National Geographic : 2011 Feb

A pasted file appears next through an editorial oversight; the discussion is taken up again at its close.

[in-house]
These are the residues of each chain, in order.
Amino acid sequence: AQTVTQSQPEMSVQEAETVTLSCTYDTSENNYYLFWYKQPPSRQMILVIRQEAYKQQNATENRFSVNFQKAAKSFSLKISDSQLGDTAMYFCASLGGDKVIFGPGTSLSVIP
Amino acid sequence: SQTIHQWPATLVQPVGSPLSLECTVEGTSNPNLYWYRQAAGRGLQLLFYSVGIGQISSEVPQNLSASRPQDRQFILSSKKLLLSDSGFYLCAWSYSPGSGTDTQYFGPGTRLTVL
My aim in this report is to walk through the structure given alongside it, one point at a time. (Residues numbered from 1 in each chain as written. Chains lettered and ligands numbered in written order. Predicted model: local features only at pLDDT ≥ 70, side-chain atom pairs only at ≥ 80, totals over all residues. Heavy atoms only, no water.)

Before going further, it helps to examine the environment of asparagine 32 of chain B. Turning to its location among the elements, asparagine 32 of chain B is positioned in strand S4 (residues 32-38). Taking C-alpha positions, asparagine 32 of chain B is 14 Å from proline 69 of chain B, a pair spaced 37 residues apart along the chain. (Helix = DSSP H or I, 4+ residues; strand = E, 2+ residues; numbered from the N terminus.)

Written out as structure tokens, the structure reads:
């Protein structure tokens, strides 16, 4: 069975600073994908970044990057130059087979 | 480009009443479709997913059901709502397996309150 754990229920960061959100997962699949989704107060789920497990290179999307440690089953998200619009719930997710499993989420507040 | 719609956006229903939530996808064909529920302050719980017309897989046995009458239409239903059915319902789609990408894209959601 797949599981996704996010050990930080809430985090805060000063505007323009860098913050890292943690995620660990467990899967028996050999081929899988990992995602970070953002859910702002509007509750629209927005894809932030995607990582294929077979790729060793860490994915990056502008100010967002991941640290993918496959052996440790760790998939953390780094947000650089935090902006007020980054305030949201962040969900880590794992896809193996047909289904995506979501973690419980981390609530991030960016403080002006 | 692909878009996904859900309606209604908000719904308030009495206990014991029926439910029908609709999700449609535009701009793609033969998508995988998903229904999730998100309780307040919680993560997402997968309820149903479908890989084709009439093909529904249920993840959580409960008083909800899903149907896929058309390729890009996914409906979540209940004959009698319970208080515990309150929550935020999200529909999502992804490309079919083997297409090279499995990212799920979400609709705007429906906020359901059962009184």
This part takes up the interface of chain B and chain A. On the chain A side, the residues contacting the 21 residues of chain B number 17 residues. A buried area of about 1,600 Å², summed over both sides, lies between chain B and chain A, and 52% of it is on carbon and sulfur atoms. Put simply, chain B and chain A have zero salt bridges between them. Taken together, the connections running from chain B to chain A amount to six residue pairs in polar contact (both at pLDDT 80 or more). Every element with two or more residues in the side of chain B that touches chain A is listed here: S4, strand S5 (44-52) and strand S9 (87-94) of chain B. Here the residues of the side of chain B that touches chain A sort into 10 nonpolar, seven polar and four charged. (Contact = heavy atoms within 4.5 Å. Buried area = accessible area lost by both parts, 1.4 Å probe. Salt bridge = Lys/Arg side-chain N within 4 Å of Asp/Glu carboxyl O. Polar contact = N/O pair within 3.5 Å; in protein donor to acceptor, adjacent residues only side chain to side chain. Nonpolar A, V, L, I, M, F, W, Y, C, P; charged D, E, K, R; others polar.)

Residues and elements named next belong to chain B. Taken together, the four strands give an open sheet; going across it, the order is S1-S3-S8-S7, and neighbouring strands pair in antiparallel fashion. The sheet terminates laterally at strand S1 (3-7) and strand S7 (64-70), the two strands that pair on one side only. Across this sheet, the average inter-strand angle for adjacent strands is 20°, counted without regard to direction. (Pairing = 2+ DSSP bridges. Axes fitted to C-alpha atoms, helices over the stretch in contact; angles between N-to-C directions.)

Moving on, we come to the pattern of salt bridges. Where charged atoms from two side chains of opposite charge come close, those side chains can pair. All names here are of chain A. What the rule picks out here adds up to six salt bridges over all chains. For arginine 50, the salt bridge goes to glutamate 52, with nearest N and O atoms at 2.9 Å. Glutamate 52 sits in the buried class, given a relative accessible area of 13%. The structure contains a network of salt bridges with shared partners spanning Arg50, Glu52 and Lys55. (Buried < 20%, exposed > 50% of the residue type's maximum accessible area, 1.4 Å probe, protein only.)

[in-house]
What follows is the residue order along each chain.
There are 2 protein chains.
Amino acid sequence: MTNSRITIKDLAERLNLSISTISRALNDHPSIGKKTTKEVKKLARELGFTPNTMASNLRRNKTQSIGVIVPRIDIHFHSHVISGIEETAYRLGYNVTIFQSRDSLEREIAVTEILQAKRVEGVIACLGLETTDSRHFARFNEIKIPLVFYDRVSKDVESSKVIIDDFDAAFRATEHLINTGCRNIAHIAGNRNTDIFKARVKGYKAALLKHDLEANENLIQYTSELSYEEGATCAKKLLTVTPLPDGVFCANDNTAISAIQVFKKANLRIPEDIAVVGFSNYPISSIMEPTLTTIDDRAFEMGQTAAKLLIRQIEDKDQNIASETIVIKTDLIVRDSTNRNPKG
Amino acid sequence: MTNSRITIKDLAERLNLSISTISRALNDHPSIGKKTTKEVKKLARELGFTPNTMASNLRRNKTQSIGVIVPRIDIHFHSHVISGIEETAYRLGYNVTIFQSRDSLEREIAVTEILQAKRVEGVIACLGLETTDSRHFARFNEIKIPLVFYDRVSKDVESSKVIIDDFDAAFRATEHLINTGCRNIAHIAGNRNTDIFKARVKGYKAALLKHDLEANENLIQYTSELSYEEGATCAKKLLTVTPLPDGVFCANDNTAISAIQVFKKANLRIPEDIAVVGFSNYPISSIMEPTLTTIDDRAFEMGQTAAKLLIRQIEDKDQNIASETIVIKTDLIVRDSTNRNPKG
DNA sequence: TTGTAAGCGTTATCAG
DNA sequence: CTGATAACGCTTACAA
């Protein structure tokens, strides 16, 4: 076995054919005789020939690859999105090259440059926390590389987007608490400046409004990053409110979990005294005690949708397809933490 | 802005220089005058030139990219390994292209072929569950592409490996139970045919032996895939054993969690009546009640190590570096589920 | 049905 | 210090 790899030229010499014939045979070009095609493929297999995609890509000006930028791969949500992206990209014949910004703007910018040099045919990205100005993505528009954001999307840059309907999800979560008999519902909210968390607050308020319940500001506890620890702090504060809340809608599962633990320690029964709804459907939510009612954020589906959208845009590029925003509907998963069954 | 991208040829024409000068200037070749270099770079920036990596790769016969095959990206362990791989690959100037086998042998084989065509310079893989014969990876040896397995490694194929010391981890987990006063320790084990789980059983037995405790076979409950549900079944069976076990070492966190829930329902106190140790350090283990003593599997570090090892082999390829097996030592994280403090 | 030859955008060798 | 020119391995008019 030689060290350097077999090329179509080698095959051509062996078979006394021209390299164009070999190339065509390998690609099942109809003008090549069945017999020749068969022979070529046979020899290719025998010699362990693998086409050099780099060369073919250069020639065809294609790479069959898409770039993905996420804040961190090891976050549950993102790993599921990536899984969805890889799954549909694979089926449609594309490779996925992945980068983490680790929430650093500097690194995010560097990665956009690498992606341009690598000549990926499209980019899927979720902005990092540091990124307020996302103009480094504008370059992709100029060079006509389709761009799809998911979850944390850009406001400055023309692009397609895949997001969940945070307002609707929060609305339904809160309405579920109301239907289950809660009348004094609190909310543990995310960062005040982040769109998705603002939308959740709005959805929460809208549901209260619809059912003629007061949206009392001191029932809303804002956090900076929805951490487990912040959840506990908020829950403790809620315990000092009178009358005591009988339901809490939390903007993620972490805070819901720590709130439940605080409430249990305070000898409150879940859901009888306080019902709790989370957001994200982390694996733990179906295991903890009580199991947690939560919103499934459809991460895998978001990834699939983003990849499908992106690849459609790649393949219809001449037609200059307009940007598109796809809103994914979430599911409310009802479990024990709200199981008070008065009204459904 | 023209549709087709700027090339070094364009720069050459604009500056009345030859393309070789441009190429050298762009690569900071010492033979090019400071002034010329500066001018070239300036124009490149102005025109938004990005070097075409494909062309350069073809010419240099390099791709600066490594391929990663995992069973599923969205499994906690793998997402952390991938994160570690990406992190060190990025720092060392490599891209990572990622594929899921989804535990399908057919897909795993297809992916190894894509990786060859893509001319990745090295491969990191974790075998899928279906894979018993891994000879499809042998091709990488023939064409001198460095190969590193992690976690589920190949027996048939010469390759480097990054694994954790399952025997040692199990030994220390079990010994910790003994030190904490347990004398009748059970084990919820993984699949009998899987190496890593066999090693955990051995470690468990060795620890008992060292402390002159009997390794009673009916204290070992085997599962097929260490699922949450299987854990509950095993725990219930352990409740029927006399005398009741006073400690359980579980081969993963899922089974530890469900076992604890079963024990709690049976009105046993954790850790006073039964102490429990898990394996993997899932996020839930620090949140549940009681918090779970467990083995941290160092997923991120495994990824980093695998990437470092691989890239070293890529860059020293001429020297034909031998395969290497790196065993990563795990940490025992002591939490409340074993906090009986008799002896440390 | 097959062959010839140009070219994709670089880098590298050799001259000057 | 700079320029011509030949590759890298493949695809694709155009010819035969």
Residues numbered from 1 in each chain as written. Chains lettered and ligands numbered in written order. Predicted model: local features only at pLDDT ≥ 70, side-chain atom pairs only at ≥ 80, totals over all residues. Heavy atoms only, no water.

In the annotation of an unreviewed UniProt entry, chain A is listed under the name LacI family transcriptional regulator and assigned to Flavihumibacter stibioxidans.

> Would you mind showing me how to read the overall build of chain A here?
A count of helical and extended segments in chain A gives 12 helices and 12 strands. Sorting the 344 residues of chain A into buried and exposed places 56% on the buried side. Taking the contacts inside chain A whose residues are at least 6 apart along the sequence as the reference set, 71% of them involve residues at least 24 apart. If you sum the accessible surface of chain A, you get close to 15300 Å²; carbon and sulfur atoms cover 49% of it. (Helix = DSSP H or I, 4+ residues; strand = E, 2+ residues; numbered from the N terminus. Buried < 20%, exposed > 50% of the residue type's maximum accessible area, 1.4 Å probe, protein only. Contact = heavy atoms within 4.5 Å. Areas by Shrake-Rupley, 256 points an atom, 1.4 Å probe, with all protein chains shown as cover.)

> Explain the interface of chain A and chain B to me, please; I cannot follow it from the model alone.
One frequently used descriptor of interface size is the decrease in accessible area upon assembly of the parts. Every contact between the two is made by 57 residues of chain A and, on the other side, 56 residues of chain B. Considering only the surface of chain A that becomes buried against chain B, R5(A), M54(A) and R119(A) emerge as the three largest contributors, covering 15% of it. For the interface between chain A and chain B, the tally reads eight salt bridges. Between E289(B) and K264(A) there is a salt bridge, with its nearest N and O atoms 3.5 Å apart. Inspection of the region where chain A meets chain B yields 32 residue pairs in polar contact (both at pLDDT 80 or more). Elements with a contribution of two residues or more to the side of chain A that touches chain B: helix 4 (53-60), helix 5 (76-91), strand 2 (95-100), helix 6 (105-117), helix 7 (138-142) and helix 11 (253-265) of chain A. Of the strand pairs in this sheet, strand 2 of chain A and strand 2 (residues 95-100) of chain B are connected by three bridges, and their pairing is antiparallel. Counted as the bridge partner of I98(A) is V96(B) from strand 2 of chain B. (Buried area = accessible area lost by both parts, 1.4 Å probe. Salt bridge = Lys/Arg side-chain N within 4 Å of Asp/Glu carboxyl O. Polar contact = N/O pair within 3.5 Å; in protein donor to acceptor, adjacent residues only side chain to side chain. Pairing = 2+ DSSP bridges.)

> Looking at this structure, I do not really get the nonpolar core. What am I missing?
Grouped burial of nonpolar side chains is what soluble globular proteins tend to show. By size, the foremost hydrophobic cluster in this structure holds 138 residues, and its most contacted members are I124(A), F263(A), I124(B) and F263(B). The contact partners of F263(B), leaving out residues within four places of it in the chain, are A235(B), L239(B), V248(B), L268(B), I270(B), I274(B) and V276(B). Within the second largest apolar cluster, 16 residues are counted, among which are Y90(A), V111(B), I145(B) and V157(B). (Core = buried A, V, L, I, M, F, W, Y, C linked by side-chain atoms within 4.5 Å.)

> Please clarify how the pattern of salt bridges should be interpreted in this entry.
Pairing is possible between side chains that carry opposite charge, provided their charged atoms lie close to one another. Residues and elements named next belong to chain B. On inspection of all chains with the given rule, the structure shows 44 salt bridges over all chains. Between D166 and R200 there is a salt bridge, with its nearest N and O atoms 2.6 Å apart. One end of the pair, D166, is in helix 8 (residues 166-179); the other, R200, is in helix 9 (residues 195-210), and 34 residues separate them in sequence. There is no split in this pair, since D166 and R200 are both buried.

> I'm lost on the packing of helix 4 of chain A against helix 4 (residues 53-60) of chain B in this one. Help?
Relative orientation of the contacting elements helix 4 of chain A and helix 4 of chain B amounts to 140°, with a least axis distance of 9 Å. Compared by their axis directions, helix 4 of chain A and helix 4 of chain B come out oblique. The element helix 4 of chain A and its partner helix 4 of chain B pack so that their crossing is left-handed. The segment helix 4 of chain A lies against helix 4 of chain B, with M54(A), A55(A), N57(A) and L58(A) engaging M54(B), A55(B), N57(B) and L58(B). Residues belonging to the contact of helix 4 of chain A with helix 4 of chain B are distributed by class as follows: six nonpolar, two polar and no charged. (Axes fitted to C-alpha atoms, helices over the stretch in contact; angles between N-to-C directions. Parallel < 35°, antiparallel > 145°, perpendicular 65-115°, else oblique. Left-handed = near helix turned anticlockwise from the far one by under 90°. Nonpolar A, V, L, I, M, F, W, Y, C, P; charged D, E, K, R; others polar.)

ETTERS L The exploration for oil in the Gulf of Mexico is obviously a risk-benefit fi situation with a little gambling thrown in on the basis of the BP disaster. Certainly the rewards are not only financial but also political, as it reduces fiour dependence on foreign oil. With the extensive current investigation into the causes of the oil spill, we should be in a better position, if drilling continues, to reduce the possibility of a repeat of the disaster. NELSON MARANS Silver Spring, Maryland Time for a Sea Change It was jarring to find the last paragraph fi of that story offering the sunny outlook of "rebuilding of the ocean's dwindling wealth" and "in the not too distant future...a truly bountiful, resurrected ocean." How is this miraculous turn- around to be achieved? Apparently just by promoting marine reserves, measur- ing the true impacts of fishing and fi aquaculture, reducing the fishing fl fi eet fl by half, enforcing take quotas, and eating lower on the food chain. Do you really think the world will welcome such measures? The opposition of the seafood industry is as nothing compared with the demands of seven billion hungry people, rich and poor. How could this analysis omit any mention of overpopu- lation and our appetite for fish, oil, and fi every other resource? DARYL P. DOMNING Silver Spring, Maryland Under the Big Sky A friend of mine recognized the skyline in William Albert Allard's 1974 photograph on the opening page. Being a longtime area resident, I suggested that we try to find the spot fi where the photo was taken. We did just that. There are a few new man-made structures visible, but this magnificent fi view looks much the same as it did 37 years ago. The only thing missing is the cowboy and his horse. EMILY ALEXANDER Alpine, Texas ® SERIOUS SHOOTERS HAVE NEVER BEEN KNOWN TO TRAVEL LIGHT. UNTIL NOW. THE INCREDIBLE NEW NIKON COOLPIX P7000. Nothing matters more to serious shooters than image quality. So when it comes to a smaller camera, only one measures up: the new Nikon COOLPIX P7000, with a large 1/1.7" CCD sensor, RAW shooting capability, the option of full manual control, NIKKOR ED glass, HD Movie, Nikon Speedlight compatibility and much more. It's the first good reason, ever, to shoot with something other than your D-SLR. For more, go to www.nikonusa.com/P7000 Nikon® and P7000TM are registered trademarks of Nikon Corporation. ©2010 Nikon Inc.